If you’ve watched large Twitch channels play games for an extensive period of time, you’ve likely heard of the term “stream sniping” in these circles. And depending on who you ask, you might hear opinions on it ranging from apathetic to downright hostile
To really have an opinion on stream sniping, it’s important to understand what it is and why it’s so contentious. We’ve got the explanation right here for you.
What Is Stream Sniping?
Stream sniping is when someone watches a Twitch stream of a game that they are also playing in at the same time, and using the streamer’s video to get a read on their location, what tactics they are using, and what they tend to do to get an upper hand on the streamer.
An example of this would be if you were playing a game of Call of Duty Modern Warfare and you noticed someone in the match was a streamer. If you open up their stream, you can know their exact location and movements (and if they communicate with their team, what they are going to do) and use this to effectively gain the upper hand.
It can apply to all sorts of multiplayer games from shooters to strategy to open world. It leads to a lot of streamers losing more often than they might otherwise and this can lead to some heated moments on stream.
What’s Wrong With Stream Sniping?
The biggest problem with stream sniping is that it is, essentially, cheating. The streamer is just broadcasting their experience playing the game and using that to gain the upper hand is an exclusive advantage to the other player/an average viewer. Since the streamer doesn’t receive the same benefit, the competitive balance is heavily tilted to one side (it’s essentially “screen cheating” in the new era of multiplayer gaming.)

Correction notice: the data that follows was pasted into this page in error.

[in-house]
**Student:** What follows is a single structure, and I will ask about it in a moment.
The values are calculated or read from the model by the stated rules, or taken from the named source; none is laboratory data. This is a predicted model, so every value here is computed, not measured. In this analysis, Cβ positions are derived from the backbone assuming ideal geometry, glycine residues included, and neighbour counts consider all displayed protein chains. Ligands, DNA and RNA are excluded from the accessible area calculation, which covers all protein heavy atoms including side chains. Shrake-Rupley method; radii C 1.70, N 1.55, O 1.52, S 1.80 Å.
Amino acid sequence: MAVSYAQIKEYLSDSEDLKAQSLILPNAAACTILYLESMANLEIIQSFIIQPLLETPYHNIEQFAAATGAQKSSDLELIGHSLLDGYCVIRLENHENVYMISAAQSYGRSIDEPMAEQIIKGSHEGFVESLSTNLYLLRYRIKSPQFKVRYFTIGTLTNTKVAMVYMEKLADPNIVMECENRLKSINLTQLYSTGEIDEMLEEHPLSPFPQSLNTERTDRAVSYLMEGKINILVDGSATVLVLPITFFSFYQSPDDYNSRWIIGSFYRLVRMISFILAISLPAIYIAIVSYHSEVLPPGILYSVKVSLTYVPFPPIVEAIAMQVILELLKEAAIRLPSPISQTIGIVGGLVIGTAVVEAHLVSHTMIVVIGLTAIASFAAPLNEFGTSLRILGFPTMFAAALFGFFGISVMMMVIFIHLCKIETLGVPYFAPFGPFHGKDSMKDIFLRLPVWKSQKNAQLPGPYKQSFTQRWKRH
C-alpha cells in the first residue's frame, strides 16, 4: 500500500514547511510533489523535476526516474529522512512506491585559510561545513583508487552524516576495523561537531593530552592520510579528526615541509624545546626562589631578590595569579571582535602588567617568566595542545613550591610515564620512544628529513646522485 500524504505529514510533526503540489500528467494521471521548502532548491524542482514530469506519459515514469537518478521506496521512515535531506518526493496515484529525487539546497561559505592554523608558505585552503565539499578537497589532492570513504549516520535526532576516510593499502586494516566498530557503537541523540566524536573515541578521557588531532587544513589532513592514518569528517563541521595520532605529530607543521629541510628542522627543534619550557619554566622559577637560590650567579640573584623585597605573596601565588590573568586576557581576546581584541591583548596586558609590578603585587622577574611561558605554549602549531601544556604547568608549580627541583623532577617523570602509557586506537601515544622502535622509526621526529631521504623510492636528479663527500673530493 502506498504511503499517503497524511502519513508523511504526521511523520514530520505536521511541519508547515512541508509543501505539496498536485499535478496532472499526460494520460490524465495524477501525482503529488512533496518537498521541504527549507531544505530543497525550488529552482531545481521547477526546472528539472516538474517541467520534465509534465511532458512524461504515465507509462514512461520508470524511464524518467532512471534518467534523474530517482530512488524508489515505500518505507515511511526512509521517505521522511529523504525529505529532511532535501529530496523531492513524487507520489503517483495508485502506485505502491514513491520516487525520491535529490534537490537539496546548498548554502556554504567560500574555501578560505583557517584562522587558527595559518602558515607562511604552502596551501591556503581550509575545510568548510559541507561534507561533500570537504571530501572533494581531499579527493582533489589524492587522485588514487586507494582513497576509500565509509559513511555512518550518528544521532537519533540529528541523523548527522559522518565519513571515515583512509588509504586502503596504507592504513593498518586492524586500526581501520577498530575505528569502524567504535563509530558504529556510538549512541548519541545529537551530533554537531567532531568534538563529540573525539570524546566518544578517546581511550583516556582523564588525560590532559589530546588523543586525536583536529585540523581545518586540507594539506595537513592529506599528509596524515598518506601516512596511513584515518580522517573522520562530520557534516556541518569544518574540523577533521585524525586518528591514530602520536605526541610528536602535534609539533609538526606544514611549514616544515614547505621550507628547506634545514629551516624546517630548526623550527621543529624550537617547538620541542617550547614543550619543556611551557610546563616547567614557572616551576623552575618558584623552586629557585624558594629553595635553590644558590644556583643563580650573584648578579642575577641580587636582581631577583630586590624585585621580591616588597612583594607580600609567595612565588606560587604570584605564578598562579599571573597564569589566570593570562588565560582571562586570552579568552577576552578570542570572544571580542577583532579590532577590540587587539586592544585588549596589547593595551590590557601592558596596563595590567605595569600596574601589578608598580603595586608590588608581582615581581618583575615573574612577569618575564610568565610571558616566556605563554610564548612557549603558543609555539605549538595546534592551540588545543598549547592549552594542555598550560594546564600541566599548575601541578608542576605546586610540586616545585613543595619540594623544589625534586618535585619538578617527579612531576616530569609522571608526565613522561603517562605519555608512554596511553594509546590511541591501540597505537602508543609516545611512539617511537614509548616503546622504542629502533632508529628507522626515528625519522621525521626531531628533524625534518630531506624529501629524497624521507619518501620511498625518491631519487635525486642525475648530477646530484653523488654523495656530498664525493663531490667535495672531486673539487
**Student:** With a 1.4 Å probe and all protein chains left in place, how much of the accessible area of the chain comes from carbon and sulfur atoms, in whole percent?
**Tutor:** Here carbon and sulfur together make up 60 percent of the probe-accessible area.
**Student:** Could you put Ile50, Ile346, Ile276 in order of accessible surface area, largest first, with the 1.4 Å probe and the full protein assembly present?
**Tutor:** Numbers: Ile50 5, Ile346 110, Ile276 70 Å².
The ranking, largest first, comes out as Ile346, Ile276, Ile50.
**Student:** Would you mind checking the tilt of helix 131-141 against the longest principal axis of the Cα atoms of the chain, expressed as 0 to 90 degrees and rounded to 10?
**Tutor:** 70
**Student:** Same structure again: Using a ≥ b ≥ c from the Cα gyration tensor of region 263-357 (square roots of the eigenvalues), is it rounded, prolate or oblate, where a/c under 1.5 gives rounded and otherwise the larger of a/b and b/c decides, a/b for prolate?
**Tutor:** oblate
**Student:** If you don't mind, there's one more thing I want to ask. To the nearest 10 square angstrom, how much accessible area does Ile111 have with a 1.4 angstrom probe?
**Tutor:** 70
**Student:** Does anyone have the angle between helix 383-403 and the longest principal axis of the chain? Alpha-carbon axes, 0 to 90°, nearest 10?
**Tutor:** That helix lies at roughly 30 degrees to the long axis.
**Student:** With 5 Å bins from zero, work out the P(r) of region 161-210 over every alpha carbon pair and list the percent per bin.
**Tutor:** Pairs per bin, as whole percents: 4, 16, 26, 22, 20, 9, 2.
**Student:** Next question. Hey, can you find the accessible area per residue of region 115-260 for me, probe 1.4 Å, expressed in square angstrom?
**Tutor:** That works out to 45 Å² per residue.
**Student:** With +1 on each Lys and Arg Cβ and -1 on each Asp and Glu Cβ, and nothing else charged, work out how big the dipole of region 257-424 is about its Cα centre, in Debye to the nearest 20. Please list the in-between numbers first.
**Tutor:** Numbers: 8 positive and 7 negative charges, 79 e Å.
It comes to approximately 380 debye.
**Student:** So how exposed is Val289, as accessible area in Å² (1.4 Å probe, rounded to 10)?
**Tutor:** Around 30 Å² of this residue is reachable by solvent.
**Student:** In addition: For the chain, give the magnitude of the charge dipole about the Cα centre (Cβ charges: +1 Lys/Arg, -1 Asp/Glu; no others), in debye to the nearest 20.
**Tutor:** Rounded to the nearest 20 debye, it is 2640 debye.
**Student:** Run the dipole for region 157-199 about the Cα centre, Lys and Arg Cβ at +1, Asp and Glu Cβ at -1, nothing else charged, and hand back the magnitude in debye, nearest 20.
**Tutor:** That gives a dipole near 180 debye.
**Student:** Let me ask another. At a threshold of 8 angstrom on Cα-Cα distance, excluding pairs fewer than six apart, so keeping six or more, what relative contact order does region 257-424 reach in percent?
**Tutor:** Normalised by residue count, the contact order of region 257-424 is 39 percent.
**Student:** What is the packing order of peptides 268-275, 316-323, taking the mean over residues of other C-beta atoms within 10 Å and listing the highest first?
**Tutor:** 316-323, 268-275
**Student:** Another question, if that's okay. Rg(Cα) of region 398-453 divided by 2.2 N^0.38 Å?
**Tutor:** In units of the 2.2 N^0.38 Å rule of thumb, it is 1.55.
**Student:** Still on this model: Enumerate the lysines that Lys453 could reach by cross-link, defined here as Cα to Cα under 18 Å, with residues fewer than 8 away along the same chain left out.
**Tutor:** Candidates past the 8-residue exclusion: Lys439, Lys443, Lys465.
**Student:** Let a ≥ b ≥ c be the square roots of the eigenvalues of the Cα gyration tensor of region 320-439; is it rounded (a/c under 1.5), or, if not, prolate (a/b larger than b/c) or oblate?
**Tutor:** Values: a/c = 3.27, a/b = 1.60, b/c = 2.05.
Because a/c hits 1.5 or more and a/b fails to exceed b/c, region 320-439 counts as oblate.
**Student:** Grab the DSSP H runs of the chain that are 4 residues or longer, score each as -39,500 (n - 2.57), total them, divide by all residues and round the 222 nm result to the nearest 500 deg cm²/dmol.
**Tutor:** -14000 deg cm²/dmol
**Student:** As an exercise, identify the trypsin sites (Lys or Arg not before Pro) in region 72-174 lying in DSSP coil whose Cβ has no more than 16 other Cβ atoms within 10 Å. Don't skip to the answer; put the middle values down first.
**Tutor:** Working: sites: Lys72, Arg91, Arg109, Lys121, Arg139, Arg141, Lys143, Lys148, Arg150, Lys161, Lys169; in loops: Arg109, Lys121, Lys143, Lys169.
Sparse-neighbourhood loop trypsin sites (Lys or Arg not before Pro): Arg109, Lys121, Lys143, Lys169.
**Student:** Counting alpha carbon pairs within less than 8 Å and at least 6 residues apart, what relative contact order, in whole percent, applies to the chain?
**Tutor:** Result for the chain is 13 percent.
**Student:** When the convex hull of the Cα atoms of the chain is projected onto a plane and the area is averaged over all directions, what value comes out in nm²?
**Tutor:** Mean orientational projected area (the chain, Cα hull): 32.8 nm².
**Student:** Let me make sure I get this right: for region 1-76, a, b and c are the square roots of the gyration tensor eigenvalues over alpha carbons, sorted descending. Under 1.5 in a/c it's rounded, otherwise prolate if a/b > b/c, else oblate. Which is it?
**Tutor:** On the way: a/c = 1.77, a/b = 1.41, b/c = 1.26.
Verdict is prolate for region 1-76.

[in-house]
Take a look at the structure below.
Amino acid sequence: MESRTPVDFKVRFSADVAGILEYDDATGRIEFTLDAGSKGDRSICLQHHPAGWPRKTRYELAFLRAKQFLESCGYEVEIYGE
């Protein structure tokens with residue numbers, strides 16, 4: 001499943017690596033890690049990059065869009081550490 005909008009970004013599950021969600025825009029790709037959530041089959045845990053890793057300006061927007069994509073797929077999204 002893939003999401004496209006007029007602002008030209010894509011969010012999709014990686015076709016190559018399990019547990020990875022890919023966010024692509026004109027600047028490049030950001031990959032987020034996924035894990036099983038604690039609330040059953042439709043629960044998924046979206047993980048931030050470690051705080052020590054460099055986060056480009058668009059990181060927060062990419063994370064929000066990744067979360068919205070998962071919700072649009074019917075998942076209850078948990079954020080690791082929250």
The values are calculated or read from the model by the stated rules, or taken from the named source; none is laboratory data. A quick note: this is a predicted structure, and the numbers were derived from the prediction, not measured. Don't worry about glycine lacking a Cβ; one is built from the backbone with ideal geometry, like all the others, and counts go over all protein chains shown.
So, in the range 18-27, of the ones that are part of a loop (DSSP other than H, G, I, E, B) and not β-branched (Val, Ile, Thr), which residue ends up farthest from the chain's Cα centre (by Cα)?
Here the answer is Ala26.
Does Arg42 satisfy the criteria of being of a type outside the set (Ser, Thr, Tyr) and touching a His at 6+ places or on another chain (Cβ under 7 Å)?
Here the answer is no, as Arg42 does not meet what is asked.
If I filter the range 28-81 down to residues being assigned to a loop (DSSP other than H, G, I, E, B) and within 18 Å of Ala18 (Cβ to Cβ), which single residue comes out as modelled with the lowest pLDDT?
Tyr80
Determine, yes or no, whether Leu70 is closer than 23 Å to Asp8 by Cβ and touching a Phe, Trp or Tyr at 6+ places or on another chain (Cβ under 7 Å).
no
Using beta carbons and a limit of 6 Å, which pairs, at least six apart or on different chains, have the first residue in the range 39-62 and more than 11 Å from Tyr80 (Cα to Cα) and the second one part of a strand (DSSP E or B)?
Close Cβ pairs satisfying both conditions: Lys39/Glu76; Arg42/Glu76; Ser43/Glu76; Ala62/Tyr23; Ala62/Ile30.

Opinions on stream sniping are mixed depending on who you ask; some streamers won’t mind it because they either might not take the game seriously enough to warrant it, or they’ll feel the advantage isn’t that big. Other streamers believe it is cheating that cheapens the experience for the streamer and the other viewers of the stream who just want a (relatively) honest experience. Some people might consider the fact that opting to stream is putting yourself out there to have it happen, and that stream sniping shouldn’t be as egregious as it’s made out to be.
Some streamers can even find it an endearing, wholesome act; it’s not uncommon for fans of a streamer to stream snipe them in a game, only to give them valuable in-game items or do something funny for the entertainment of the stream.
Regardless, there’s no denying that when used, stream sniping can give an exploitative advantage in a game.
How Do You Prove Someone Is Stream Sniping?
While many games explicitly state that stream sniping is a bannable offence in their games, proving that someone is stream sniping is a very difficult thing to do, which means that bans can be tough to enforce. This often leads to people being wrongfully accused and banned for no reason, or people who do stream snipe getting away with it.
For starters, you need to be able to prove they were watching the stream, and this is difficult. Is the user in the chat? How can you confirm it’s the same person as in game? What if the other player is streaming to? Were they using their stream to get a leg up, and if so, how do you prove it?
The only effective way would be some sort of method of confirming IP addresses between developers and Twitch to pinpoint if someone was watching a stream at the right time while playing…but the idea of companies trading people’s information like this, even with consent, is likely not a can of worms anyone wants to open.
Preventing Stream Sniping
There’s no surefire way to know or to prevent someone from stream sniping you; there’s reporting what feels like obvious cases but at the end of the day, it’ll be tough to know if it’s happened or not for certain. In the off-chance that someone who likes to stream snipe is reading this: don’t be a jerk, stop doing it.